Handling Strong Opinions, Disagreements as a High Functioning Team

May 22, 2018

We’ve all been here: there’s a heated argument on a team, one person is passionately proselytizing about the supposed right way to do something while another has literally become red faced holding a completely opposite, and equally passionate opinion. Others in the room are intentionally silent, just hoping for the episode to be over so that they can get back to their work.

A few weeks go by and you’ve mostly forgotten about the experience until something goes wrong with your product which conclusively proves one side of that argument was right — a flurry of “I told you so’s” are issued under-breath all while team morale just sinks one notch lower. Even a year or two afterwards the victor is holding their success high, kind of like a challenge to others on the team: I dare you to try and tell me that I’m wrong about, anything!

I’ve personally seen some form of that experience in every place I’ve worked, in my family, in school, and even at church. If you’ve been around long enough you’ve seen it too. Heck this even seems to be the standard practice of American politics!

There’s an important lesson in these moments: arguments are critical to the success of your team. That’s right! It’s important that you have passionate disagreements, but there is a right way (and many wrong ways) to conduct yourself in such debate. In the story above, the two furious combatants are at fault, but I’d suggest that the silent portion of the team is equally guilty.

By all means, be passionate about your opinions

In general, passivity never leads to progress. You might think that keeping a strongly held opinion to yourself helps to grease the team’s meetings with a lack of confrontation, but what’s actually happening is that you’re contributing to a dulled shared intelligence among your peers. Besides, you know that someone is going to be passionate about an opinion, and if no one else steps up to challenge you’ll end up just blindly following one or two voices.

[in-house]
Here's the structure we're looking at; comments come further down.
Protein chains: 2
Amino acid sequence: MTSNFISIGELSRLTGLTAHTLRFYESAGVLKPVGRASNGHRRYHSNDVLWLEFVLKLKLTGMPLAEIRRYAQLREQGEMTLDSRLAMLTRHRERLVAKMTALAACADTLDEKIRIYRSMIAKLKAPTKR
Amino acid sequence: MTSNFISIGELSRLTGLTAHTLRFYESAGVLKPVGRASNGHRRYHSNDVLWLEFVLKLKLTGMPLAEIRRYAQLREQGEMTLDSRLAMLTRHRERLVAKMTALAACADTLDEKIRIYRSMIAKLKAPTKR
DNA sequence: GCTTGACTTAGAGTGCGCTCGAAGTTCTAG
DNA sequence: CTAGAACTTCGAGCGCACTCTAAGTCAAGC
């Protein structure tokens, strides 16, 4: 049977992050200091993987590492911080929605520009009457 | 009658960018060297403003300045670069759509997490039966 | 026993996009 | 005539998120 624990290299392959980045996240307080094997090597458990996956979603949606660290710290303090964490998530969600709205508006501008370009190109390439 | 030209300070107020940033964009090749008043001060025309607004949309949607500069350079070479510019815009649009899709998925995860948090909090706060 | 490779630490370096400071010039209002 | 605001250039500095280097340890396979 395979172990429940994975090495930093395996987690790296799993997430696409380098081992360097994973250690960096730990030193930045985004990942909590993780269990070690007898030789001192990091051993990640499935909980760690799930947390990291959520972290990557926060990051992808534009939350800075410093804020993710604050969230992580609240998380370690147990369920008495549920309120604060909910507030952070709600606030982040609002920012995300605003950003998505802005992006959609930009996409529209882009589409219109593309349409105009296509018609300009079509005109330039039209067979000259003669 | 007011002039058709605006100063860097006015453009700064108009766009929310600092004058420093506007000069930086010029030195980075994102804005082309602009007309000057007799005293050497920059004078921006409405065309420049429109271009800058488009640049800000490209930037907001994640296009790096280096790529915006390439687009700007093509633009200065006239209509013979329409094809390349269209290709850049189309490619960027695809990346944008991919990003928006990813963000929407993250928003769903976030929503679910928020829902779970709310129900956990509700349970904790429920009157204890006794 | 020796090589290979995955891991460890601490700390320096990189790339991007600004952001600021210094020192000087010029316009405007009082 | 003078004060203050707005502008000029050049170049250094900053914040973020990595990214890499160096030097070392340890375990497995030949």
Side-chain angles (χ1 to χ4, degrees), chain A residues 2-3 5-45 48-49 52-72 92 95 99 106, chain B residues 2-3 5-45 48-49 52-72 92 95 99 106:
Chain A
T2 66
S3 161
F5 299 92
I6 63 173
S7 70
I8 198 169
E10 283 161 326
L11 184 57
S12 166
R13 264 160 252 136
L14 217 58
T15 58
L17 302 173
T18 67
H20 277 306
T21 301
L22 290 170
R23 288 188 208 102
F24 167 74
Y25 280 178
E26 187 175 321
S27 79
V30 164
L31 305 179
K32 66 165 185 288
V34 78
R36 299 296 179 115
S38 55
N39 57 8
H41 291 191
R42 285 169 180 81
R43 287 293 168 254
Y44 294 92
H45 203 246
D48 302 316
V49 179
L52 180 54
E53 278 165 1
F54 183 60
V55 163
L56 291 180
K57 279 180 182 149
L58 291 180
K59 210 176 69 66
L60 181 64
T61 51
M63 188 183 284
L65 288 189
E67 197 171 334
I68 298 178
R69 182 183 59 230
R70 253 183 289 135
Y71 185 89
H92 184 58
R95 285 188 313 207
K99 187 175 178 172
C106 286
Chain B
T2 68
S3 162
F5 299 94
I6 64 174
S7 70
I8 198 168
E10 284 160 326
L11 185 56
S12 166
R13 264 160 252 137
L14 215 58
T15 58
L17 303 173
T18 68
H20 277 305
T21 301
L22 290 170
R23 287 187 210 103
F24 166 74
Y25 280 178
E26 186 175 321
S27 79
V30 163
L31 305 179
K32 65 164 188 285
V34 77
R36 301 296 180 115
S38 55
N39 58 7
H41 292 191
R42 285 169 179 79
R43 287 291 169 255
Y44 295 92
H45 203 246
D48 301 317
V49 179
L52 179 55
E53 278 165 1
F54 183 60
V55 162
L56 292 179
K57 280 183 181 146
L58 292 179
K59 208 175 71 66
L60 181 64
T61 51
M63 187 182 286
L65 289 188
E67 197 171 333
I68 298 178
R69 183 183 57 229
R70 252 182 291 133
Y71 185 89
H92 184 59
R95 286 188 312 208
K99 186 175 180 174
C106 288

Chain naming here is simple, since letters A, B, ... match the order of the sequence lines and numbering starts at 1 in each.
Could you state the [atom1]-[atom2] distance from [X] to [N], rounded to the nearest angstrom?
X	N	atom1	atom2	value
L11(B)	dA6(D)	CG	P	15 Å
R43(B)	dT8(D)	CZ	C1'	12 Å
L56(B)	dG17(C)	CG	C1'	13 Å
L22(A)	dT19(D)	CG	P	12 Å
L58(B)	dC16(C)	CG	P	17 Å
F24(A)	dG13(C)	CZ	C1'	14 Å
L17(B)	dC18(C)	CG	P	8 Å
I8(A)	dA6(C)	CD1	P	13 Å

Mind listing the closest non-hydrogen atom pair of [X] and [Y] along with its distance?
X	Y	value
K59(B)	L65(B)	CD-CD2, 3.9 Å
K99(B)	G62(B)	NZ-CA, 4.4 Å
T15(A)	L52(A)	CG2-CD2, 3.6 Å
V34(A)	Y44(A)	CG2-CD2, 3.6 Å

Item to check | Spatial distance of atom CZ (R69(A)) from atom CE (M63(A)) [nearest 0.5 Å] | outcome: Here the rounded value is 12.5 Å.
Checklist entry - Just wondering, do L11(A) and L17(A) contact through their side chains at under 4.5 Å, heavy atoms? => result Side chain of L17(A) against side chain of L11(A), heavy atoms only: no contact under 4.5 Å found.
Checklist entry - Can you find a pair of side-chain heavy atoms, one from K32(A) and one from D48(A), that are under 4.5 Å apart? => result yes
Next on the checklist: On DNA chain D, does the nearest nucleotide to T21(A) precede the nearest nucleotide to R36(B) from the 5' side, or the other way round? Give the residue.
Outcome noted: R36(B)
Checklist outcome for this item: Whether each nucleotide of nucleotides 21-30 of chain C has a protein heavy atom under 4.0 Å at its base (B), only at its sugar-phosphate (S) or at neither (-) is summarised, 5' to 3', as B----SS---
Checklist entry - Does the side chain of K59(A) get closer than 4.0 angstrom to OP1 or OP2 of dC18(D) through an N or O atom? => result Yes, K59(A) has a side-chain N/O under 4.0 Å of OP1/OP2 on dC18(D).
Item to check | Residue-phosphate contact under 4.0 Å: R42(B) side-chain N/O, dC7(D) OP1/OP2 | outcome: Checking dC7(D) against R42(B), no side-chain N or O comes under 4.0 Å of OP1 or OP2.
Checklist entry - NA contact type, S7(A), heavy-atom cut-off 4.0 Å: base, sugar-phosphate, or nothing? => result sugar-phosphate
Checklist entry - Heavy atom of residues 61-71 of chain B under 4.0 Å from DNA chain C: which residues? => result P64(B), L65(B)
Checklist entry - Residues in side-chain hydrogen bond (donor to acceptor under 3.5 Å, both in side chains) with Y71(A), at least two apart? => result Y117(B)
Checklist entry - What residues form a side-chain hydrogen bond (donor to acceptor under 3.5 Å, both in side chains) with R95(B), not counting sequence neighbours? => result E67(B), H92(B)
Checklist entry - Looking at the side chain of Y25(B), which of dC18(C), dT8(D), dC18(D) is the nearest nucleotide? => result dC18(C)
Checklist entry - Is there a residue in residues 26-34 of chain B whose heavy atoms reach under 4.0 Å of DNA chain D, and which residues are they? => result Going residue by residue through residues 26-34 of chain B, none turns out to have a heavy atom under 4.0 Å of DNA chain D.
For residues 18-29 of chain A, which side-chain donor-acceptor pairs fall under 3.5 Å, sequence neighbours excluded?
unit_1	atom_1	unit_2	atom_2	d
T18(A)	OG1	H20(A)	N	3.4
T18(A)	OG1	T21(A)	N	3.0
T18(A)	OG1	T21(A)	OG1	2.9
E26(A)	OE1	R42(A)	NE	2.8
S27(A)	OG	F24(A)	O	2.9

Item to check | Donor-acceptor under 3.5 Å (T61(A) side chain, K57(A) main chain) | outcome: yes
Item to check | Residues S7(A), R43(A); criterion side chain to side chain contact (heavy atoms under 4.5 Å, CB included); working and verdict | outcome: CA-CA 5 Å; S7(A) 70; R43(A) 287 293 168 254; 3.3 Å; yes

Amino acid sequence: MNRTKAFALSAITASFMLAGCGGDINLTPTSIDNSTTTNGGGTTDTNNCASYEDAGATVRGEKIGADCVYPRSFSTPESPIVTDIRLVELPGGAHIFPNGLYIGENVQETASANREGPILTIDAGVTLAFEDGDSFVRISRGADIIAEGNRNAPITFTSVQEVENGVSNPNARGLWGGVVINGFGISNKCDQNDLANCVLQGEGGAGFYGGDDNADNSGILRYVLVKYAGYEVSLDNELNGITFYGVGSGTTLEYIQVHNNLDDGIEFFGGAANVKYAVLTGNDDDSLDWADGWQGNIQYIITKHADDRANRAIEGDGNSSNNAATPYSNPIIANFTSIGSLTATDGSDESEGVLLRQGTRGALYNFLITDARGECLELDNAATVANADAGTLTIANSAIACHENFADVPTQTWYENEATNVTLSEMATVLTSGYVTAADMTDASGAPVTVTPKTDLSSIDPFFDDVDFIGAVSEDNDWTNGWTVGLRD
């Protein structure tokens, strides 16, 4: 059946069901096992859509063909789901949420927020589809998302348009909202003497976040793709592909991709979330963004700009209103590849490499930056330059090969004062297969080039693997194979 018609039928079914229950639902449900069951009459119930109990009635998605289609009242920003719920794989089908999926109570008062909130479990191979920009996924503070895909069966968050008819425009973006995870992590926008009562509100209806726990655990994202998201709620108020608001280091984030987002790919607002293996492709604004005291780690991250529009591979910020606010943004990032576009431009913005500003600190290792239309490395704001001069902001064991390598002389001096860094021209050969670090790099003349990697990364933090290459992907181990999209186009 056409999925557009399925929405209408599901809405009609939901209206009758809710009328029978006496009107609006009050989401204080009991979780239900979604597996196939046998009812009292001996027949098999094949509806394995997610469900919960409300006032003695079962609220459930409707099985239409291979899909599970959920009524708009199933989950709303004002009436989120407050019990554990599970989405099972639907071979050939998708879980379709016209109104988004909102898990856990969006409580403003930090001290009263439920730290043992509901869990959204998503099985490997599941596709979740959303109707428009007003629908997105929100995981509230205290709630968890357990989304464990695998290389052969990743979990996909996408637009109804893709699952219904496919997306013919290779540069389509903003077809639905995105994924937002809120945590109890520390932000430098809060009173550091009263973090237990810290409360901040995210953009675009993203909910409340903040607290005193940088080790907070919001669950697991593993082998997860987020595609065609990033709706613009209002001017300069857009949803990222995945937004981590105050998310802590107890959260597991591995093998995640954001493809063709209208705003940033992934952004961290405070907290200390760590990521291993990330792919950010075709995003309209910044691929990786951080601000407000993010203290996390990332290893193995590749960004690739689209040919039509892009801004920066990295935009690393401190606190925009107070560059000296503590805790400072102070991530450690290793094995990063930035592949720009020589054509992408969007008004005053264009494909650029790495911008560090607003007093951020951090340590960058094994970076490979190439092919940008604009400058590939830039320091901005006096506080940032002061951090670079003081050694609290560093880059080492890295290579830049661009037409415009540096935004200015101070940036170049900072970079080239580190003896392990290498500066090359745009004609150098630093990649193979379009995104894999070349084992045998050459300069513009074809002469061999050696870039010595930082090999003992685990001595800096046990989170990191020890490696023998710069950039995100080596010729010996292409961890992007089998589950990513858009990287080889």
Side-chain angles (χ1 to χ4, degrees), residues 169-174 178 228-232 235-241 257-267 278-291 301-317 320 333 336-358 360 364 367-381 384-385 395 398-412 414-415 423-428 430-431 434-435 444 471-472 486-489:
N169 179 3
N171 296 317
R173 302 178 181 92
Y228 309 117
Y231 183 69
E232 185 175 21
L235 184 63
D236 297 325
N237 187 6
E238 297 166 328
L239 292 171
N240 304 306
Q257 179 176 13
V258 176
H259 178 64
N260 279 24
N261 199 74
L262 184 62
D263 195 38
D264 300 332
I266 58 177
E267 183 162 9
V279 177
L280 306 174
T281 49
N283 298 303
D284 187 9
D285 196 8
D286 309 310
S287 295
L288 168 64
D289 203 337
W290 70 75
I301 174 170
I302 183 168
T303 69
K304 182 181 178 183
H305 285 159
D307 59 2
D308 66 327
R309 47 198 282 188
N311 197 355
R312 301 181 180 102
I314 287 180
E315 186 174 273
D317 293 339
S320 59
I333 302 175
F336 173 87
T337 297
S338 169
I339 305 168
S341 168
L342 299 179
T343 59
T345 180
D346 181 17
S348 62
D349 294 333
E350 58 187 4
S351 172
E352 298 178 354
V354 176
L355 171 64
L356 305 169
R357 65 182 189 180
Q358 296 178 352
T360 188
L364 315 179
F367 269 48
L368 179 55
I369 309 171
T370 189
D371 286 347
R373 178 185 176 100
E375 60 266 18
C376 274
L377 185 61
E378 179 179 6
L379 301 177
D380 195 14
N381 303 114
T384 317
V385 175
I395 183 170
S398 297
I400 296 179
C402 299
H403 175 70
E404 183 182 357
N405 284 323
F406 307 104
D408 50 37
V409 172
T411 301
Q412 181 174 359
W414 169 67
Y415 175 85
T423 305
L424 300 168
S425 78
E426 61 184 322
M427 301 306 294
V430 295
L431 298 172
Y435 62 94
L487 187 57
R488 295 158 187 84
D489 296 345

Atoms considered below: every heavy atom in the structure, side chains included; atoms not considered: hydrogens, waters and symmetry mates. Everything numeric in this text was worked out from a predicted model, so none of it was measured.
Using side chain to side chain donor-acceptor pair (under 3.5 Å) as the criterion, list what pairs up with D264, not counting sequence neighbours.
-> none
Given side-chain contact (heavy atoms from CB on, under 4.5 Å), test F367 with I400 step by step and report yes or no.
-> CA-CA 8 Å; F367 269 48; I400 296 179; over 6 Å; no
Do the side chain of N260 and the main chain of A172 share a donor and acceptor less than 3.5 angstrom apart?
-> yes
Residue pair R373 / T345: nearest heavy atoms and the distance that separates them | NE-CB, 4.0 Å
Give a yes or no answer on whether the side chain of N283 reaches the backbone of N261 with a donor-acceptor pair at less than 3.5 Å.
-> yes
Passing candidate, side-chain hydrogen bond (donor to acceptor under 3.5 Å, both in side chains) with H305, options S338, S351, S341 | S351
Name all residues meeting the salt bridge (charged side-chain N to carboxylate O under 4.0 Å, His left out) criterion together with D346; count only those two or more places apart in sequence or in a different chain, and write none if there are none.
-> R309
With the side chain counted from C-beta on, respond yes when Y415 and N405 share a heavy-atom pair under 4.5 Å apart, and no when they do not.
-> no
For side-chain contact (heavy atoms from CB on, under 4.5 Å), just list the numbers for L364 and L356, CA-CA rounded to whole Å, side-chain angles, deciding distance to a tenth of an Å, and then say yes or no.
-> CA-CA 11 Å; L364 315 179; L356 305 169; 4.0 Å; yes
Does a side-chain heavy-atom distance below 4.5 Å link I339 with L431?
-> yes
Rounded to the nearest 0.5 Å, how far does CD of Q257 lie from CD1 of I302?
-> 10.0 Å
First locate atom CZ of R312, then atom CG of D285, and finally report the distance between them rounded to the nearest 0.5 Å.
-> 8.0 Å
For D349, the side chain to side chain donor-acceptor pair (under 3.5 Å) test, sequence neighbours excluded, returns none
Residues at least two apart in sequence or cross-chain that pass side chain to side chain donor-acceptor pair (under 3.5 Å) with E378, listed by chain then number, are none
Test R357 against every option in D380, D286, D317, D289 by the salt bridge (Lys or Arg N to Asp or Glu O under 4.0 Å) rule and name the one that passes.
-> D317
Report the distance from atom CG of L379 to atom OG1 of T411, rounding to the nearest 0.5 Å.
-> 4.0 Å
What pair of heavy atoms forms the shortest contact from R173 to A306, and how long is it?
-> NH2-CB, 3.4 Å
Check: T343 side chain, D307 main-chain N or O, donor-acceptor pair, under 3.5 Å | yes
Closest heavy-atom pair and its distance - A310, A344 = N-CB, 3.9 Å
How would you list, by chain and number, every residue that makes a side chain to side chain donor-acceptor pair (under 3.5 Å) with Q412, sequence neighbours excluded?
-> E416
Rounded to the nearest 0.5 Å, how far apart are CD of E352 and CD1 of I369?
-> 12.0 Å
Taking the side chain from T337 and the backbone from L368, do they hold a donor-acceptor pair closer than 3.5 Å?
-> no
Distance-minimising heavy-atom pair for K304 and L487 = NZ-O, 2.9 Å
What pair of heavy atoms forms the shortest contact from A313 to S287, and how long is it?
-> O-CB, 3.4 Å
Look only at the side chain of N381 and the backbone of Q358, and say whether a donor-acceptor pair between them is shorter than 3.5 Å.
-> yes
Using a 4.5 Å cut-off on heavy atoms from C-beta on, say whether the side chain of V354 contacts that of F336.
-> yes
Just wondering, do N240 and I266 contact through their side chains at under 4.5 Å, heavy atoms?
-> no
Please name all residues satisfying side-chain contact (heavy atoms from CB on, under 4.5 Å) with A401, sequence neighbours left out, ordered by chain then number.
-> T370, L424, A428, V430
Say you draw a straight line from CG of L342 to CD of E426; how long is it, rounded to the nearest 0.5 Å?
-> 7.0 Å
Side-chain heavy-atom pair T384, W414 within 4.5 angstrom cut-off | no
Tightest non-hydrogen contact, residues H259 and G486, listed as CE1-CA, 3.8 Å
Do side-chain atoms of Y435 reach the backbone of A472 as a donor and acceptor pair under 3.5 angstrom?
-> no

Your team needs strong opinions! Something in your experience is telling you that the team is about to make a mistake — it’s your responsibility to speak up and let them know.

Likewise, it’s important to have strong opinions about things. There’s one other kind of teammate that I didn’t mention in the meeting above: the one who’s silent not because they want to avoid confrontation, but silent because they have no idea what’s going on. Have opinions!

Here’s a fun experiment: you have a team meeting coming up where 2 opposite approaches to solve a problem will be discussed. Pick one, do a bit of research, and then during the meeting champion that approach as if it was your idea the whole time. Even if you get completely blasted by the team, forcing them to counter arguments with facts or experiences is an incredibly valuable lesson from which everyone learns.

Go in looking to win, but resolve to join whoever actually does

This second point is as important as the first: resolve to join the winning team, even it that means abandoning your side. Let the debate be the theater where your team hashes out all disagreements, but leave it all on the stage. Once the fight is over, reassemble your team as a singular unit and move forward.

Few things are as infuriating as someone holding a victory over your heads for months (or years). So, for the “winners” of a team disagreement, it’s also important to win gracefully. Once the debate has been settled, move on! Your team will reach it’s acme when everyone works to support and augment each other. Moreover, your team’s highest potential is much greater than the sum of the individual champions among it, so join the fight and don’t go wandering off to be a lone combatant.

Don’t take it personally

Perhaps the most difficult habit to shake is this: taking things personally. Actually, this is probably the root of all issues in team arguments; some people find it impossible to dissociate themselves from their ideas.

It reminds me of arguments between neighbors over which brand of car is better. I know you drive a Toyota, but you yourself are not a Toyota. Yet, many people are personally offended when a disparaging comment about their car brand — not even their particular car — is heard. What’s crazy is that comments about these inanimate, mechanical creations often lead to real personal attacks and can cause a rift between friends.

You’ve also seen this on your teams: what started out as a calm debate about which color to use on your product has somehow devolved into personal attacks that have nothing to do with the product at all.

Here’s a mental practice I like to use: think of your idea, or your opinion, as a physical thing — like a car. You may drive that car, or champion that idea, but it’s just a car, there’s nothing personal about it. When someone brings up a compelling argument against your idea, they are pointing out a flaw in your car, not in you. Dissociating your opinions from yourself is empowering - it also allows you to champion ideas that you are not your own (the “devil’s advocate” approach). At the same time, be empathetic toward others and make an effort to view their ideas in the same way: don’t confront them, confront their ideas, their cars.

I’ll leave you with this: debate is healthy and being passionate about your opinions equally so. Your team depends on both of these to be high functioning, but remember to navigate disagreements with tact, and try hard to not take things so personally!

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